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The Boston Globe

Metro

Kevin Cullen

Whitey Bulger’s wily ways

Is Whitey Bulger crazy?

Or just crazy like a fox?

Continue reading below

When it comes to Whitey, I always think it’s the latter. But, hey, easy for me to say. I’m not 83 years old, locked up in a tiny cell, 23 hours a day, talking to myself.

Whitey was always the most sociable of reputed gangsters, so maybe being confined in such a small space, cut off from human contact, is really cracking him up. Maybe that’s what made him such a chatty Cathy last September when his brother Jack visited him at the jail in Plymouth.

Now, Whitey’s many things, but he’s no dummy. He knows that his conversations with visitors are going to be recorded. So he had to know that when he insisted to Jack that he wasn’t an informant for the FBI, it was more or less for eventual public consumption.

The problem for Whitey is not just that his laugh-out-loud claim to Jack is undermined by a sizeable public record. His outlandish claim also undermines his own outlandish defense, which is that he was granted immunity by a conveniently dead federal prosecutor to engage in any and all crimes, including those 19 murders he is charged with.

If he wasn’t working for the feds, why would they grant him immunity?

Now, don’t get me wrong. I have a certain level of sympathy for Whitey’s reality-challenged defense. The FBI went out of its way not only to ignore Whitey’s penchant for violence, as it ludicrously gave him credit for helping them take down the Mafia, but its agents also thwarted the efforts of honest cops to charge Whitey with killings in Oklahoma, Florida, and right here in Boston.

If I were Whitey, I would think I had immunity, too. Whitey’s problem is the immunity was in his head, not on a piece of paper.

When Whitey got pinched in Santa Monica back in June 2011, those who believe his longtime FBI handler John Connolly is innocent were convinced that Whitey would help exonerate Connolly. Instead, Whitey used his jailhouse conversation with brother Jack to throw Connolly under the bus, implying that he bribed Connolly and explicitly accusing Connolly of filing phony reports that credited Whitey with giving him information about assorted and sundry criminals.

“I never told them a [expletive] thing,” Whitey insisted. “I bought [expletive] information. I didn’t sell it.”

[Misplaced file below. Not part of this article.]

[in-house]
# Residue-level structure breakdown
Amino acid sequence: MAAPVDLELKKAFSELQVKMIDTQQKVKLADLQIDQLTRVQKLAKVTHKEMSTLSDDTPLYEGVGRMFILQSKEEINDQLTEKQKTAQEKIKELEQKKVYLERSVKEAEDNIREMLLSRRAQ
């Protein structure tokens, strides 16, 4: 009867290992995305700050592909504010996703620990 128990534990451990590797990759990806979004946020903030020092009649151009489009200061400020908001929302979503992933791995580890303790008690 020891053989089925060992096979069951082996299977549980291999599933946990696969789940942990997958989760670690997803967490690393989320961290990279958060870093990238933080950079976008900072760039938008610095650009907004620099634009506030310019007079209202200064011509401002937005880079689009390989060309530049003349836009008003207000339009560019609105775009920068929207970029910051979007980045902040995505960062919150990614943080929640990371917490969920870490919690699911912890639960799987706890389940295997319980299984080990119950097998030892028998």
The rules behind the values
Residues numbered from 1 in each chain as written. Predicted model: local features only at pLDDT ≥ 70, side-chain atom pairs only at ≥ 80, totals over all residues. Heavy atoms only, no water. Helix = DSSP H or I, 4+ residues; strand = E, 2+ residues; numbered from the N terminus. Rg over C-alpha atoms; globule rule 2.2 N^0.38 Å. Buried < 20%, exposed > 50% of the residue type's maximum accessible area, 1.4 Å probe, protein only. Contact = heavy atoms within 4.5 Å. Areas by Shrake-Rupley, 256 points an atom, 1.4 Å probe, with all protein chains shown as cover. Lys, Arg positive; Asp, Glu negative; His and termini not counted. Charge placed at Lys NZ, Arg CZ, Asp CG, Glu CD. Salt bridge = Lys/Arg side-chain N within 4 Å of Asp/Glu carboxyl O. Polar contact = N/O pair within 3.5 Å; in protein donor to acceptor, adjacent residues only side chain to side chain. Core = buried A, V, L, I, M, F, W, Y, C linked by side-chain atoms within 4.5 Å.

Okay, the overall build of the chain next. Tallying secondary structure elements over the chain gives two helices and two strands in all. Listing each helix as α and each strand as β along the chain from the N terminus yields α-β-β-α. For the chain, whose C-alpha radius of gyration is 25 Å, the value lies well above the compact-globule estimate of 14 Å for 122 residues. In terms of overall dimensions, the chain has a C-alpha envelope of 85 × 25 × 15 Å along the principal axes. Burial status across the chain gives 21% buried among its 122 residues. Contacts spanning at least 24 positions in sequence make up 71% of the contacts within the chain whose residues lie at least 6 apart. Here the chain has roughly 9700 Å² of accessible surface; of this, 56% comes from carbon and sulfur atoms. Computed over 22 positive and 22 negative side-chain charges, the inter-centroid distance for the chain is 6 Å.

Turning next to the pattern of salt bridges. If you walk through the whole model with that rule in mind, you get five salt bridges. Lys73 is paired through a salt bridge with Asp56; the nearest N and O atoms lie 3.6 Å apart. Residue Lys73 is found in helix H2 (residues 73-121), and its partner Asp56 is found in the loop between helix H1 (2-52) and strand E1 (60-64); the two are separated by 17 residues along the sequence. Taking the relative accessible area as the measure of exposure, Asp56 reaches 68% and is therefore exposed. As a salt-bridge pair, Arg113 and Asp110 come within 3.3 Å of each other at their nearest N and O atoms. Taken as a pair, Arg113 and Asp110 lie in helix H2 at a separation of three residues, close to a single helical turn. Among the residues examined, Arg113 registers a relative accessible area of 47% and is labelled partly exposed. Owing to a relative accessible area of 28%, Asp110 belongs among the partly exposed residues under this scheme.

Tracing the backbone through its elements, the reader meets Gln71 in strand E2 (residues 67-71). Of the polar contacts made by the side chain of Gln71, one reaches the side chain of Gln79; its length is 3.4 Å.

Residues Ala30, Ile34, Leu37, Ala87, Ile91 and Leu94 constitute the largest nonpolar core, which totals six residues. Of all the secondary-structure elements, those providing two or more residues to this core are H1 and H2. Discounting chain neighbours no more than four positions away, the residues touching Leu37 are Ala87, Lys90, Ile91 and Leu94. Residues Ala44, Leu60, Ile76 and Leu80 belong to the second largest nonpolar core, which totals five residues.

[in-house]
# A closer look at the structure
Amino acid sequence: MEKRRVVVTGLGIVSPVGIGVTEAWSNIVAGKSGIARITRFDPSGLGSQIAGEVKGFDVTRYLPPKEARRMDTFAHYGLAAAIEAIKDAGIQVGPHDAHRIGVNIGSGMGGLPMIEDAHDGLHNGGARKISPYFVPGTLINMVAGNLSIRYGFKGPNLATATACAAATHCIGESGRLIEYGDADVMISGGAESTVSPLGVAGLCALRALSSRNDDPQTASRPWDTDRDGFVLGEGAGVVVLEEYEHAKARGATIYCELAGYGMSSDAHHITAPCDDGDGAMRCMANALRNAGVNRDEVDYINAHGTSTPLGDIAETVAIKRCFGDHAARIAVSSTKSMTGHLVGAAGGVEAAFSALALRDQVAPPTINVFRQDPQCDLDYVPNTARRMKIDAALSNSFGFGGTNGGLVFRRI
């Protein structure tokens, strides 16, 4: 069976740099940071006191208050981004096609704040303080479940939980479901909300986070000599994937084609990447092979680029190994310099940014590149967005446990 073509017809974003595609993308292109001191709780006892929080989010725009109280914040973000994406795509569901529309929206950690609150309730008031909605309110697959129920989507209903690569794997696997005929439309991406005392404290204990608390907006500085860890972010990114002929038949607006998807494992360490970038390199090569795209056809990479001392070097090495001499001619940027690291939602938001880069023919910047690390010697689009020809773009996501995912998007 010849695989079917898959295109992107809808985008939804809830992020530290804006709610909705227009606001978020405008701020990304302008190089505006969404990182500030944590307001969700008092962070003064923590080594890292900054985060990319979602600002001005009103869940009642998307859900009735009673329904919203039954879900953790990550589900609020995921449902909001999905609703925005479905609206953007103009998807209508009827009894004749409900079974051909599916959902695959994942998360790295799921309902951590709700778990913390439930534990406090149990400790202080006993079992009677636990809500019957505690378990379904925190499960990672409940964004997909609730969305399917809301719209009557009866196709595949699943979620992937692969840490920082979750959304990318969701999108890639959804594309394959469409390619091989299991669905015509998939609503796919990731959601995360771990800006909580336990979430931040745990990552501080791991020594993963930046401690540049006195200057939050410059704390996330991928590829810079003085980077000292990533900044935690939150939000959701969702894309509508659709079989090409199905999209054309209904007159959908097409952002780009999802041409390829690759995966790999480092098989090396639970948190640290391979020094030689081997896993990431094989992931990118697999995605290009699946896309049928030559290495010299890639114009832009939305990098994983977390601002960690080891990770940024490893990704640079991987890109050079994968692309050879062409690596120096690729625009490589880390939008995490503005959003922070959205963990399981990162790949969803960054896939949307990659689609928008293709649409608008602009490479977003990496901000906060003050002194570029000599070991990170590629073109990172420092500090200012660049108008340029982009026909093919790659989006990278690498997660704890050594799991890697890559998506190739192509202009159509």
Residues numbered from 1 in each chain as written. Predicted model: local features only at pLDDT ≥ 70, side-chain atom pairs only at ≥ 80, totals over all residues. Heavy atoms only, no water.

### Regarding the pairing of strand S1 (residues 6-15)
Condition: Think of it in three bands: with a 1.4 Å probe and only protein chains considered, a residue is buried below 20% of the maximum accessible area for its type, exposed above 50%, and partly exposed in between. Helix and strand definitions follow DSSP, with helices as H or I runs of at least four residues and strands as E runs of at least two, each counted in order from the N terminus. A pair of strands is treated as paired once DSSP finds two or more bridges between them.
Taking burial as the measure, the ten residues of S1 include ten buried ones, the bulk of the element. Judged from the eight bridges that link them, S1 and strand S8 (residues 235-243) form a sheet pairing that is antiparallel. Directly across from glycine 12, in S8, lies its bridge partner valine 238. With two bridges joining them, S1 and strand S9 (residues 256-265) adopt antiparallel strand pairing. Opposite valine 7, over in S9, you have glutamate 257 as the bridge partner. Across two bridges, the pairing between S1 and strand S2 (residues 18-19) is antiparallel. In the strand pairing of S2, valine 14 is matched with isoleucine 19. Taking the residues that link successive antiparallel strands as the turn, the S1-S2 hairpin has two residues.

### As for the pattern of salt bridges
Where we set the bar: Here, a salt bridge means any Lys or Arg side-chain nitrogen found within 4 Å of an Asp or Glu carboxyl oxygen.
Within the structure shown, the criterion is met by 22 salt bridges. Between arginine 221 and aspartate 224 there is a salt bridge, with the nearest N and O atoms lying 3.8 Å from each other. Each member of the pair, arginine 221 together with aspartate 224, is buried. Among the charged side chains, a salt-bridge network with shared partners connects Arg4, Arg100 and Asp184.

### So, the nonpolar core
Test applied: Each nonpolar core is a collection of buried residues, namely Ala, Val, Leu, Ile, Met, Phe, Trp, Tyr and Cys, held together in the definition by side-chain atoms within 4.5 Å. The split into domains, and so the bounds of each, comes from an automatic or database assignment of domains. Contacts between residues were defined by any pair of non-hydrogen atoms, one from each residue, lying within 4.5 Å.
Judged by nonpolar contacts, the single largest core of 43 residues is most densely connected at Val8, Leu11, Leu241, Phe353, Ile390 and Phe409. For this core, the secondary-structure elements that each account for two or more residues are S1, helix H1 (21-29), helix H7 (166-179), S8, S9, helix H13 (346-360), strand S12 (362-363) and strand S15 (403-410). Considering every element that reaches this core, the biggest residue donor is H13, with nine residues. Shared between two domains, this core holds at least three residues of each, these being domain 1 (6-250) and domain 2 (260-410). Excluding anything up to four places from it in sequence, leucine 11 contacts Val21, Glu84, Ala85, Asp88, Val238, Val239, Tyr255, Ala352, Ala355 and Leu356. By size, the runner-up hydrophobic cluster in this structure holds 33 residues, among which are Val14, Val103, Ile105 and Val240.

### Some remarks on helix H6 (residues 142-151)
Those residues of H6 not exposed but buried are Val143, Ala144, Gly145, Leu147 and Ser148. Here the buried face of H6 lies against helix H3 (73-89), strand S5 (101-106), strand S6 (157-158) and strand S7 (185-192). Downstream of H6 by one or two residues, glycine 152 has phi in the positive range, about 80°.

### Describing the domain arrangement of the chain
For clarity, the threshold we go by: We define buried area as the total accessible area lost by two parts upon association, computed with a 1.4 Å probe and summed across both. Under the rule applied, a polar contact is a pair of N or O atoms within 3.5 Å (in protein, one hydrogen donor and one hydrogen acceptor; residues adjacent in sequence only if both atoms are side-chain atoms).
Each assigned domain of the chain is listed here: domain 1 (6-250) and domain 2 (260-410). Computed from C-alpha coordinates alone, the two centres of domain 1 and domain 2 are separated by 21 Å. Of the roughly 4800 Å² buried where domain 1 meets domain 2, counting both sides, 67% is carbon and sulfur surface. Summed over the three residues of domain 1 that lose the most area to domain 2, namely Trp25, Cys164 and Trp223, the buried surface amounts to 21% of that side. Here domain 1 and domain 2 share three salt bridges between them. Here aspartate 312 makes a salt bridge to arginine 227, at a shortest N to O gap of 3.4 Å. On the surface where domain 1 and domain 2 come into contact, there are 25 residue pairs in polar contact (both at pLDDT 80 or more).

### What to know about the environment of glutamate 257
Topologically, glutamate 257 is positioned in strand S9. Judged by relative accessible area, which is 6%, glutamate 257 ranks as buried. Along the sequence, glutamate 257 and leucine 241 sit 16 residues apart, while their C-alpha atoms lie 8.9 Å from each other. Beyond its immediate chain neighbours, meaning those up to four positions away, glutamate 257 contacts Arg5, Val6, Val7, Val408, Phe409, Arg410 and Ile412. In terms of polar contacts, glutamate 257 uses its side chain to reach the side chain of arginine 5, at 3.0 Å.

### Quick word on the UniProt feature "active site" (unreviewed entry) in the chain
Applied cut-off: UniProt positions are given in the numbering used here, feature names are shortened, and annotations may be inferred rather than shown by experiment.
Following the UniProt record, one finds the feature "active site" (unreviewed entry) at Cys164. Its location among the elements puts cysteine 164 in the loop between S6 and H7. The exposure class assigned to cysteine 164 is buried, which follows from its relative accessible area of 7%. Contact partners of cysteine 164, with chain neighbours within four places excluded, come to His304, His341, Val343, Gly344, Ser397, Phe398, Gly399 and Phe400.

Just for giggles, I went through Whitey’s 900-plus page informant file. Some of my favorite entries are the ones in which Connolly notes that Whitey gave him information about other criminals, including both rivals and friends.

One of the reports has Whitey saying that two of his partners in the Winter Hill Gang, Joe McDonald and Jimmy Sims, were coming into town to resolve a beef. Given that they were fugitives at the time, that was probably not a wise or collegial thing to share with an FBI agent.

But Whitey would have you believe that Connolly made the whole thing up. Connolly does the right thing by Whitey, tips him off so Whitey can take off, and this is the thanks he gets? Whitey spent 16 blissful years on the run, living three blocks from the Pacific Ocean, while Connolly has been doing hard time for the last 15 years. And now Whitey says he’s a corrupt, congenital liar.

If that’s what passes for loyalty in Southie these days, thanks, but I’ll pass.

On Thursday, federal judge Richard Stearns told Whitey and his lawyer, Jay Carney, that they had to put up or shut up next Wednesday. They’re going to have to offer some proof that Whitey had been given immunity by the late prosecutor Jeremiah O’Sullivan if they want to put that forward at Whitey’s trial in June.

If they can’t, then Whitey’s thin defense gets even thinner.

Kevin Cullen is a Globe columnist. He can be reached at cullen@globe.com. Follow him on Twitter @GlobeCullen.
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